We often write our informative articles for hazmat employees, both prospective and experienced. The idea is that most people looking for detailed information on hazardous materials transport regulations are directly involved in the transport process. However, these guidelines do not just affect offerors. Plenty of merchants sell products that could be classified as dangerous goods, and they must comply as well – or face the consequences. Here is some information on the price that vendors may have to pay for non-compliant hazmat shipping.
Non-compliant Hazmat Shipping Penalties from Private Companies
On May 31, eBay announced through a blog post that starting the next day, FedEx would begin charging a new fee. If FedEx finds that a package containing dangerous goods or hazardous materials did not comply with the prescribed hazmat regulations, they will issue a fine of $350. Offending eBay vendors will find that charge added to their monthly eBay invoice along with the shipping fee. FedEx also advised that anyone with any concerns can check both their official guidelines and the Department of Transportation’s (DOT) regulations.
This proposed fine is an example of a private company – in this case, a shipping carrier – penalizing merchants for noncompliance in the transport of dangerous goods and hazardous materials. We can only imagine that this reflects a commitment to public safety (as well as a method of preventing negative coverage). Either way, shippers of dangerous goods have been warned.
Civil Penalties from the Government
On that note, the federal government also takes a great interest in the transport of hazardous materials and dangerous goods within, from, and into the United States. Anyone involved in this process must comply with 49 CFR, and that includes merchants. It does not matter if you run a large corporation or a small commercial website. All are subject to the law.
If the DOT suspects that you “[are] knowingly engaging or [have] knowingly engaged in” non-compliant conduct, they may take a number of steps to penalize you. You may be issued a warning letter first, which includes “a statement of the facts” belying their belief that you violated the regulations. You may respond with “pertinent information or explanations” of the suspected conduct. If the violations continue, they will eventually issue a civil penalty. This penalty also comes with a notice, but the notification contains a fine that you must either pay within 45 days or try to appeal in court.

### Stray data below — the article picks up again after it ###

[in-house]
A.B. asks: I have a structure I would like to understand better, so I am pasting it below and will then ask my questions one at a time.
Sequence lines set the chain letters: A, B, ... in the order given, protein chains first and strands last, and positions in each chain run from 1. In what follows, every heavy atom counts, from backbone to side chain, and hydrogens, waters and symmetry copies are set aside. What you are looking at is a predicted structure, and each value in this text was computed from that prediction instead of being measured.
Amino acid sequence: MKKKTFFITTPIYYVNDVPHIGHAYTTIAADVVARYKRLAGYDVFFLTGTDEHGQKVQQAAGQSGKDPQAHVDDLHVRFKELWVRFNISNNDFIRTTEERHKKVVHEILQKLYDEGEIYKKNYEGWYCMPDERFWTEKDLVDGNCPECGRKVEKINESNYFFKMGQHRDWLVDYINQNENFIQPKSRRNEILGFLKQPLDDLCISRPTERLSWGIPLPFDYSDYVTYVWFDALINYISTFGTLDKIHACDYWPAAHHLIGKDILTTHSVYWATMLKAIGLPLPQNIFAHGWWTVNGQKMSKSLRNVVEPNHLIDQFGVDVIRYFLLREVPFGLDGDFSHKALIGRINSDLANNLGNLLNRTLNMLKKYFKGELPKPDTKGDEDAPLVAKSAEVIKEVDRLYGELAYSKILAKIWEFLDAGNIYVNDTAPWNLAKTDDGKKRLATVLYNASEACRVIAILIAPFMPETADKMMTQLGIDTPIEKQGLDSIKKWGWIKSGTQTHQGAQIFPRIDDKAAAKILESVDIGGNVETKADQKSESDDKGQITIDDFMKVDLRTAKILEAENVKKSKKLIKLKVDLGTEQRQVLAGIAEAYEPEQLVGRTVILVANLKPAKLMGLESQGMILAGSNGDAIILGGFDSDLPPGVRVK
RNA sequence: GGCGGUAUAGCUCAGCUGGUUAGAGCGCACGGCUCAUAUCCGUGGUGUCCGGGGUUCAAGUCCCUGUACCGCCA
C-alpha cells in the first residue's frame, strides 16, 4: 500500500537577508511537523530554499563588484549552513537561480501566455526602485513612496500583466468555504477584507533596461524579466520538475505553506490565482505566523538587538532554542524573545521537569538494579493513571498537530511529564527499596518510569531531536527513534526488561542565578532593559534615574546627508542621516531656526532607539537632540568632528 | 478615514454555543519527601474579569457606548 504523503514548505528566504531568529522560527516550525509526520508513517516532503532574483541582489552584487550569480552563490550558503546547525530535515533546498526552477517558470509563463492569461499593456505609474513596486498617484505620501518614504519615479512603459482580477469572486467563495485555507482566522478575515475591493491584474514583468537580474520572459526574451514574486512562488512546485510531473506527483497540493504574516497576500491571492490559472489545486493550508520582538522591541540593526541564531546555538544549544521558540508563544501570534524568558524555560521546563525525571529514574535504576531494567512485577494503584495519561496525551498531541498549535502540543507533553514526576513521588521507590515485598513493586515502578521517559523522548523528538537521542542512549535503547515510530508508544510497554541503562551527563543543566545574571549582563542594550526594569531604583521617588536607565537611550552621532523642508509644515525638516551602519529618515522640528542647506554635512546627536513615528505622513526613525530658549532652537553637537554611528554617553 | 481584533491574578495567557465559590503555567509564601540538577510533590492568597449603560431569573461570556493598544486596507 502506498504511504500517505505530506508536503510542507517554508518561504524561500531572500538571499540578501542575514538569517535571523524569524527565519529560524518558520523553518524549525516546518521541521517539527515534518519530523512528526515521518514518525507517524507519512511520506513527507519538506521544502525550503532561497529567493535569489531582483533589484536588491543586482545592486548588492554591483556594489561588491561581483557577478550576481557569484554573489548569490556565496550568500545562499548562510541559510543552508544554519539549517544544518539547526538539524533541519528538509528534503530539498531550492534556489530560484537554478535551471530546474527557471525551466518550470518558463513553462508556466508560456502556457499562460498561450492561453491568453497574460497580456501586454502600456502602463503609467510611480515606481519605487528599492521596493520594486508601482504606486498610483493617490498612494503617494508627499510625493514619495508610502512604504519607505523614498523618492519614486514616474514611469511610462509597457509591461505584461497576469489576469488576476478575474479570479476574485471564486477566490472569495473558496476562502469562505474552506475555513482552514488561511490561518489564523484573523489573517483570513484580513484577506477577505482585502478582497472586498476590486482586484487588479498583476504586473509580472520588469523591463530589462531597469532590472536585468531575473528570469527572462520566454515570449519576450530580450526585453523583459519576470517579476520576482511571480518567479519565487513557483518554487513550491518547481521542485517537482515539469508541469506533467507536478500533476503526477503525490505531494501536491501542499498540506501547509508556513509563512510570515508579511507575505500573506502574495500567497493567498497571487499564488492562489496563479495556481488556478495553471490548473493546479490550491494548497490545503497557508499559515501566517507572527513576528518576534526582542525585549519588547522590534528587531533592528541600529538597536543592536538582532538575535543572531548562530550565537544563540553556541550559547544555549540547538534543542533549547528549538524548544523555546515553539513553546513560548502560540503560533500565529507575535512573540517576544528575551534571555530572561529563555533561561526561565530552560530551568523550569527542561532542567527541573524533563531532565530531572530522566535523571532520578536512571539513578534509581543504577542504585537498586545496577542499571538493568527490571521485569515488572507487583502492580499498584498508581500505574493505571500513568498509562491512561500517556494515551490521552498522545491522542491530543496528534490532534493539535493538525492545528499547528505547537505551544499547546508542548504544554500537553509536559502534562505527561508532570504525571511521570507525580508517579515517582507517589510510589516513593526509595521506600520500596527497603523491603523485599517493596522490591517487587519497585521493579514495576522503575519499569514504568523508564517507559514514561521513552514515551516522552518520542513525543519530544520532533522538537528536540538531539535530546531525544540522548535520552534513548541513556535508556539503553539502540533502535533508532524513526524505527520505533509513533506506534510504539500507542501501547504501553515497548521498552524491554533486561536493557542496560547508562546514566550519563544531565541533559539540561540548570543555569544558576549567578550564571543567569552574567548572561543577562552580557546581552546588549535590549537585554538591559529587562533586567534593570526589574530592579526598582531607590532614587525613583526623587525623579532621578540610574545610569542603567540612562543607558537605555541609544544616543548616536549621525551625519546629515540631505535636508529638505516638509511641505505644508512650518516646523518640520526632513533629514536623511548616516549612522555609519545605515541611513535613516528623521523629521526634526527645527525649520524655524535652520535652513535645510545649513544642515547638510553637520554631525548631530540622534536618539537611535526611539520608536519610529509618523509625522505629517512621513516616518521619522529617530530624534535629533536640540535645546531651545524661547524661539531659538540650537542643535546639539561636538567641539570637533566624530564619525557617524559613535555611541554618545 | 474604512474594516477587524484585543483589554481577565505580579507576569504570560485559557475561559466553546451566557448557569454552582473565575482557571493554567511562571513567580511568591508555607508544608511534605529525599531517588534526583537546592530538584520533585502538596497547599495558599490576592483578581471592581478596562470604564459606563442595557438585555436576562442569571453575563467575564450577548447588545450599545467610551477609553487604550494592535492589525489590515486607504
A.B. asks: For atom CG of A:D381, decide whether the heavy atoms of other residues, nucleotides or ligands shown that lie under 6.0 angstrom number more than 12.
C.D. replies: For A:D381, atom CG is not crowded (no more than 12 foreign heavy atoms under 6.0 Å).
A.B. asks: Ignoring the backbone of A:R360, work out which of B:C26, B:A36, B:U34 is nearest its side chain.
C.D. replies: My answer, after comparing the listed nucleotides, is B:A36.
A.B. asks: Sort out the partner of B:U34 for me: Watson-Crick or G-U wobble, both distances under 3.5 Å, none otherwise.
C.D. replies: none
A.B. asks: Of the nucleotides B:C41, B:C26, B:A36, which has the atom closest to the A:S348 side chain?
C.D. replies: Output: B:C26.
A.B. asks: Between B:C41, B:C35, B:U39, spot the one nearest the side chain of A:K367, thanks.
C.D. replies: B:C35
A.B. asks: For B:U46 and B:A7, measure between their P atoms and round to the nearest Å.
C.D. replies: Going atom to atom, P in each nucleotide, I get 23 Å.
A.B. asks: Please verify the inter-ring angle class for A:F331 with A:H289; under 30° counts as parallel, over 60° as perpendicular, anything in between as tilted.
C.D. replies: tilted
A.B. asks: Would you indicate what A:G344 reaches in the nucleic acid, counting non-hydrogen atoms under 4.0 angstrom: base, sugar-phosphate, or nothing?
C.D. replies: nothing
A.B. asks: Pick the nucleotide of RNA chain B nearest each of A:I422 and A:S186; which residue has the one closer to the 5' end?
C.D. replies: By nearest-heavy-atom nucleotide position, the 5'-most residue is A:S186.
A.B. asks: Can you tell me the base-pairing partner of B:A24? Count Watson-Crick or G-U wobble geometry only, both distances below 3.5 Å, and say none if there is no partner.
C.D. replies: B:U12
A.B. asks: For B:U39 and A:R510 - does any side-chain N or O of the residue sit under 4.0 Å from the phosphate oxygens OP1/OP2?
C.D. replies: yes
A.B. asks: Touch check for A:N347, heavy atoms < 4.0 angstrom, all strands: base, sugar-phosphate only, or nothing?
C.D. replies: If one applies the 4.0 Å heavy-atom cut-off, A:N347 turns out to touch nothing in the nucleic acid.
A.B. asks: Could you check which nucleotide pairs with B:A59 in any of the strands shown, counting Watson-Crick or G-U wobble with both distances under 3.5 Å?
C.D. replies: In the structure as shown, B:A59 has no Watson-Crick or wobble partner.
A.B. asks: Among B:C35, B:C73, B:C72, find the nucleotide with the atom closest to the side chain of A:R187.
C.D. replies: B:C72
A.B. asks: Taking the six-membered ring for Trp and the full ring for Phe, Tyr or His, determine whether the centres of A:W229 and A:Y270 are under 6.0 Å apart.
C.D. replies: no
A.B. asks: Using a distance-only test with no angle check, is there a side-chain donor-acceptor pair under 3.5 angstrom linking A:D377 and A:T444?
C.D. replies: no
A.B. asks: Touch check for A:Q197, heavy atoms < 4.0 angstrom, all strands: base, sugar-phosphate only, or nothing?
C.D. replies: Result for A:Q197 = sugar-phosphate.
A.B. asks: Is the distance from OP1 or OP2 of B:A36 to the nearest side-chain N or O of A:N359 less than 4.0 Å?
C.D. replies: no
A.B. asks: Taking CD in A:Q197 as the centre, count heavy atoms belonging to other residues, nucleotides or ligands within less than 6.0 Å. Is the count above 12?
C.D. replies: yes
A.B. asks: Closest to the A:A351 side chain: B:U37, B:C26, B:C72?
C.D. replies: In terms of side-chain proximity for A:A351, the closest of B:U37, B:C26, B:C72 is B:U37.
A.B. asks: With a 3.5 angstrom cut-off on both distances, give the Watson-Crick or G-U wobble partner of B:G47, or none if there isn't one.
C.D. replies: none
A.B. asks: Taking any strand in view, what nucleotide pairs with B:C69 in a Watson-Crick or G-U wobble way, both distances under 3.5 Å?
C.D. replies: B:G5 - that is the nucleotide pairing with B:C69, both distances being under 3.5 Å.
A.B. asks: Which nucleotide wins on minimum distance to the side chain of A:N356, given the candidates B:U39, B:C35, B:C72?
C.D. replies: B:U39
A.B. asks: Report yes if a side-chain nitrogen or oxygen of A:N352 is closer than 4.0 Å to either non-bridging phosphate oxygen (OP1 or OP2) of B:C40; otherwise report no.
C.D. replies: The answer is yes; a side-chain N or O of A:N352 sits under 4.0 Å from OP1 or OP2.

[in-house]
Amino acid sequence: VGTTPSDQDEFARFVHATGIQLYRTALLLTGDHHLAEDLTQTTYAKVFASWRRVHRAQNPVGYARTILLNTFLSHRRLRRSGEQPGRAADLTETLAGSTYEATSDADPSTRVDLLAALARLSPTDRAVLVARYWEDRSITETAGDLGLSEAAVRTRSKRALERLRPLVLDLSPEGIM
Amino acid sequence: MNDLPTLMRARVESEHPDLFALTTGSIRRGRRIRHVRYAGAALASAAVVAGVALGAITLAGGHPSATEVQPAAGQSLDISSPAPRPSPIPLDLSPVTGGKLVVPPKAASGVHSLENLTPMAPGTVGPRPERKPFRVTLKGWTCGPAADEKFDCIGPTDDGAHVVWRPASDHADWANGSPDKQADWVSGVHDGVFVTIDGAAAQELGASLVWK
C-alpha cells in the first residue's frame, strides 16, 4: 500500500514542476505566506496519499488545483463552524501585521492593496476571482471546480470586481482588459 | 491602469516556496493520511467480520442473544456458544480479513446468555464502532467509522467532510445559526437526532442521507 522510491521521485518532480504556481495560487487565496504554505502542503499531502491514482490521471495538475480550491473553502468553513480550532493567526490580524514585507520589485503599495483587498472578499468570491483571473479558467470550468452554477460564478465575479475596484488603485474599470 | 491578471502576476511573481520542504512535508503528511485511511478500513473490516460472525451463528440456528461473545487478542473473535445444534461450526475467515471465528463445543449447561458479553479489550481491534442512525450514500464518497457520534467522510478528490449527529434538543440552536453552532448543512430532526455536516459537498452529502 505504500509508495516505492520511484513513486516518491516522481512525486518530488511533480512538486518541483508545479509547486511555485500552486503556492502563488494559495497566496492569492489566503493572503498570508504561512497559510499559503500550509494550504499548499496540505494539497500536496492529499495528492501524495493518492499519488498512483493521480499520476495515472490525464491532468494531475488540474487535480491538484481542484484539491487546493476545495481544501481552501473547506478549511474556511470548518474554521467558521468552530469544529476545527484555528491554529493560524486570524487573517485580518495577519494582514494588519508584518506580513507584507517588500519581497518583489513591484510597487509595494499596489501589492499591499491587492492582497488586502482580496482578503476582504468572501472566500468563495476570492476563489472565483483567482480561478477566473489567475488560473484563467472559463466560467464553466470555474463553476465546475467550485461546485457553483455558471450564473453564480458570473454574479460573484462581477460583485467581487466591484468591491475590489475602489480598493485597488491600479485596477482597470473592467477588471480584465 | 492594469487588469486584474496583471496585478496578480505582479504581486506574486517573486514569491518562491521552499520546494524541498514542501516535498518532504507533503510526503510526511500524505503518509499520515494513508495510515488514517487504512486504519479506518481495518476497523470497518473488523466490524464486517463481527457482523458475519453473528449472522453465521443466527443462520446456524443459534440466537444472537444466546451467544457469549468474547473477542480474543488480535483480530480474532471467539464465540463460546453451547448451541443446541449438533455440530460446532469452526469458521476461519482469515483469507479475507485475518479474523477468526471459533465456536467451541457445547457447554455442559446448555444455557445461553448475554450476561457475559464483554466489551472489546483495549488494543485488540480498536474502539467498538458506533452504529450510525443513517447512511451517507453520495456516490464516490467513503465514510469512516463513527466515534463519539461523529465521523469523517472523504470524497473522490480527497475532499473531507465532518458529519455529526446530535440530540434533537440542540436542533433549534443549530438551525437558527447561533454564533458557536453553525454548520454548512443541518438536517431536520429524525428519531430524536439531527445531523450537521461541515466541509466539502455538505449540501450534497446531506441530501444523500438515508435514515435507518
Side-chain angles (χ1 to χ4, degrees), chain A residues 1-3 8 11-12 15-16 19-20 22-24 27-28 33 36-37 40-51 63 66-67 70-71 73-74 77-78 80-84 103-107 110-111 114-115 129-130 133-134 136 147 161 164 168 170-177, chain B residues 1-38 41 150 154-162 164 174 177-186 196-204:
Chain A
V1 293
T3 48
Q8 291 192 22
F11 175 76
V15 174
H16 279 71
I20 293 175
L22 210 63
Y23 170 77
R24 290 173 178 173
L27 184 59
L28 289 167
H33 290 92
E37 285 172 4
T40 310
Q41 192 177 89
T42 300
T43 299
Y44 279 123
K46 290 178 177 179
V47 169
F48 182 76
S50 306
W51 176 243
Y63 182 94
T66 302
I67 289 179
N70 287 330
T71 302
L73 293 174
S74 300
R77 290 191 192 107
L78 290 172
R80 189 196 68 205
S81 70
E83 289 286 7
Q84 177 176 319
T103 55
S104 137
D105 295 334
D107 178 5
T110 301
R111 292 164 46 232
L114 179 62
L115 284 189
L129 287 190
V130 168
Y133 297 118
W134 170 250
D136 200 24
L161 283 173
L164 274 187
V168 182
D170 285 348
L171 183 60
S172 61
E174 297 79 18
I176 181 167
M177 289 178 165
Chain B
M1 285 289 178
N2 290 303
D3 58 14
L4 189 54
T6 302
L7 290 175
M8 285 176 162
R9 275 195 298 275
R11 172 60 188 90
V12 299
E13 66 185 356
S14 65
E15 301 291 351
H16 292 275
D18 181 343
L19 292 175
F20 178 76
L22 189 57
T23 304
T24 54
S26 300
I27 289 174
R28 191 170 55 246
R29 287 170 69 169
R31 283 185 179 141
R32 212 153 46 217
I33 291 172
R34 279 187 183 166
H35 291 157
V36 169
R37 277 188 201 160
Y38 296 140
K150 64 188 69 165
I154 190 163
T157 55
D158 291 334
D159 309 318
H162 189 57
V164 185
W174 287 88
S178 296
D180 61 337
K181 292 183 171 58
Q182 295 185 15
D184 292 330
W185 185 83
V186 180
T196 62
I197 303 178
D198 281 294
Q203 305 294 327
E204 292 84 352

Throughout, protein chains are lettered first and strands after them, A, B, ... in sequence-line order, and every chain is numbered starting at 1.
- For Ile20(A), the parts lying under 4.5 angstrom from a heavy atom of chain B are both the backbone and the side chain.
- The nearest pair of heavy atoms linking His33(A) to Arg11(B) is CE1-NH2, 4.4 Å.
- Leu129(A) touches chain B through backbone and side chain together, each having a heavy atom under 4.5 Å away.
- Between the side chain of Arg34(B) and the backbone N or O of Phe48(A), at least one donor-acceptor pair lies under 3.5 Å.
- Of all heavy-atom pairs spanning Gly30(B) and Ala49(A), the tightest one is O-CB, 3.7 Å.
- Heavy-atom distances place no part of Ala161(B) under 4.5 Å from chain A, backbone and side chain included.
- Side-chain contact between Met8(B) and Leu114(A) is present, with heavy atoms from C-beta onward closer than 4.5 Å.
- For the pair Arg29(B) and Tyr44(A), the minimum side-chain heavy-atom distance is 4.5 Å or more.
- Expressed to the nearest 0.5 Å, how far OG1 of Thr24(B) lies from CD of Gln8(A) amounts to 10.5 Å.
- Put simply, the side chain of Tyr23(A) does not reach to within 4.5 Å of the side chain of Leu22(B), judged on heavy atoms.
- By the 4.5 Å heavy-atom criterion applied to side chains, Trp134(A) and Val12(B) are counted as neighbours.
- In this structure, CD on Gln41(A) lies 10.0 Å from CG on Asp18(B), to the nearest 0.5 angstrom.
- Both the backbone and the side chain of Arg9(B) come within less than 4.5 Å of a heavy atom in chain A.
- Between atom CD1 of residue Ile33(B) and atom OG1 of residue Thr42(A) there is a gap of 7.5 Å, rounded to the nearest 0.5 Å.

There is no set amount for how much the accused must pay. When determining the amount owed, the DOT takes several factors into account, including “the nature and circumstances of the violation,” its “extent and gravity,” and any past violations from the “respondent.” Penalties can be as high as $79,976 for a single offense. However, the maximum for any violation that “results in death, serious illness, or severe injury to any person or substantial destruction of property” is $186,610. As you can see, the federal government treats these matters even more seriously than private industry when issuing a fine.
Taking shortcuts can seem tempting when selling and shipping dangerous goods or hazardous materials. Despite this, vendors must never forget that noncompliance can result in fines. That is the best-case scenario. The worst is a disaster that could have been prevented – the very reason that people must comply with regulations in the first place, and face penalties when they do not.
Learn How to Comply with DOT Regulations
One obstacle to compliance is that the regulations are dense and can be difficult for non-professionals to understand. Thankfully, you can undergo DOT hazmat training and learn what the regulations entail and how to successfully comply. The online courses from Hazmat University make training easy and accessible. Check out our course selection today and get started as soon as you make a purchase.